Appeals court says New York can enforce controversial new gun laws — for now



U.S. District Judge Glenn Suddaby signaled last week that much of the new law violated the constitution. He temporarily barred the government from implementing questionable sections, including gun prohibitions in Times Square and city subways, but gave lawmakers three business days to appeal before his order took force.

Attorney General Tish James sought review on Monday, cautioning the appeals court of possible “regulatory chaos” from the whiplash of enforcing and then reversing the rules, which took effect in September.

“If the order remains in effect, [state and local] agencies must communicate to the public that guns again are allowed in many of the places where the public was just told guns were not allowed,” James’ office argued in a motion.

With the appeals court’s decision still pending, Mayor Eric Adams doubled down Tuesday and signed a bill forbidding guns in Times Square. The city is not a party to the lawsuit, which was brought by six current or would-be private gun licensees, but City Council legally designated the bounds of Times Square’s gun-free zone.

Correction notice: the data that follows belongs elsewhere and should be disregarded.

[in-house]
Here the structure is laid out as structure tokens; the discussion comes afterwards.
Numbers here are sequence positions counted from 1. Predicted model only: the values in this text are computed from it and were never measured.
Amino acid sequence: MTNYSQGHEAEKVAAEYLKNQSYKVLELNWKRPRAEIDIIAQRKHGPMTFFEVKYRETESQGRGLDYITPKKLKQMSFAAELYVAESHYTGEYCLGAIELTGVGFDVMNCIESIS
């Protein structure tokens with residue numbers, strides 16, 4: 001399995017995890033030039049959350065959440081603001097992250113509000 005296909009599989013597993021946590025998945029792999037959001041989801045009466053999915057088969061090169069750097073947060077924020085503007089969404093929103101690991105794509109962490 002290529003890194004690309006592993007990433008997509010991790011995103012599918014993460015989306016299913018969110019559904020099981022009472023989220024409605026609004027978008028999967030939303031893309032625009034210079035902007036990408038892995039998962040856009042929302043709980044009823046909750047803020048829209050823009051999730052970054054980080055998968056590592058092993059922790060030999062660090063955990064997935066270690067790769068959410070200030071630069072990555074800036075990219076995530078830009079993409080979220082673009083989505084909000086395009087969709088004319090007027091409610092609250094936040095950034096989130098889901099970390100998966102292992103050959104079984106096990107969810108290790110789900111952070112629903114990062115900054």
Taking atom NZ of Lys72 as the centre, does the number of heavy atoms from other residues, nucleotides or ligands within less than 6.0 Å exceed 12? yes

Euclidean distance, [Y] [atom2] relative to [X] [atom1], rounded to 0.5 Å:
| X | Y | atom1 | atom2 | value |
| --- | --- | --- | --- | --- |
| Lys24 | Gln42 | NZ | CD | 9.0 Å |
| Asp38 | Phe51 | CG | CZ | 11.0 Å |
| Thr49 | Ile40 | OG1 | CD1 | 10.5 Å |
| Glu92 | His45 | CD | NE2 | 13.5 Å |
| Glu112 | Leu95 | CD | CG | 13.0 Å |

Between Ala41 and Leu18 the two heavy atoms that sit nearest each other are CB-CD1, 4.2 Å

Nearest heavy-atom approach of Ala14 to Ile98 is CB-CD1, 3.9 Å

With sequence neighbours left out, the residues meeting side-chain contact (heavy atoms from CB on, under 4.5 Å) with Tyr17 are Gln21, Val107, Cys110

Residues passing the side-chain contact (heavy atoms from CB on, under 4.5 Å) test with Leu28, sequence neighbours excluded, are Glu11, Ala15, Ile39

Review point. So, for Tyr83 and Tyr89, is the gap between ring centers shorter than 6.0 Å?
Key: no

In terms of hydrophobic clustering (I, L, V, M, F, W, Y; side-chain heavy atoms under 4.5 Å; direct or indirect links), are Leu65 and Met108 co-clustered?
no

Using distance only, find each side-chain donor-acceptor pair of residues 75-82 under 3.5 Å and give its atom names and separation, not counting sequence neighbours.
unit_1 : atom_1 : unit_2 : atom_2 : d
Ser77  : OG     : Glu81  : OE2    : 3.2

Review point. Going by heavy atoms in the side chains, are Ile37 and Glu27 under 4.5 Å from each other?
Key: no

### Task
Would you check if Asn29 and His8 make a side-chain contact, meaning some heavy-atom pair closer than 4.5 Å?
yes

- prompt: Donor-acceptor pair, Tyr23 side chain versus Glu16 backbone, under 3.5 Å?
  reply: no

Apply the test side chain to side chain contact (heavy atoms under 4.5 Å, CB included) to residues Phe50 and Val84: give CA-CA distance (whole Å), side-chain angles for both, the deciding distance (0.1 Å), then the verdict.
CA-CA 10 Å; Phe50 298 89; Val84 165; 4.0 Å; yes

“We’re going to make sure we are in complete conformity — whatever the court determines and that’s the way it’s going to play out,” Adams said at the time.

In an order on Wednesday, Circuit Judge Eunice Lee said lawmakers can enforce the CCIA at least until a three-judge appeals panel rules on the state’s request for a longer injunction.

“I am pleased that the full Concealed Carry Improvement Act will stay in effect and continue to protect communities as the appeals process moves forward,” James said in a statement. “My office will continue our efforts to protect the safety of everyday New Yorkers and defend our common-sense gun laws.”

The mayor and governor also cheered the ruling, with Hochul, a defendant in the case, calling the decision “an important and appropriate step” in the state’s fight to defend gun safety laws.

Lawyers for the plaintiffs declined to comment.

Lawmakers have struggled to implement the new gun-licensing regime, facing lawsuits from conservative groups and confusion among law enforcement about how to apply the rules, which were passed in July but took effect in September. Then there are those who won’t enforce it at all, according to the New York Times.

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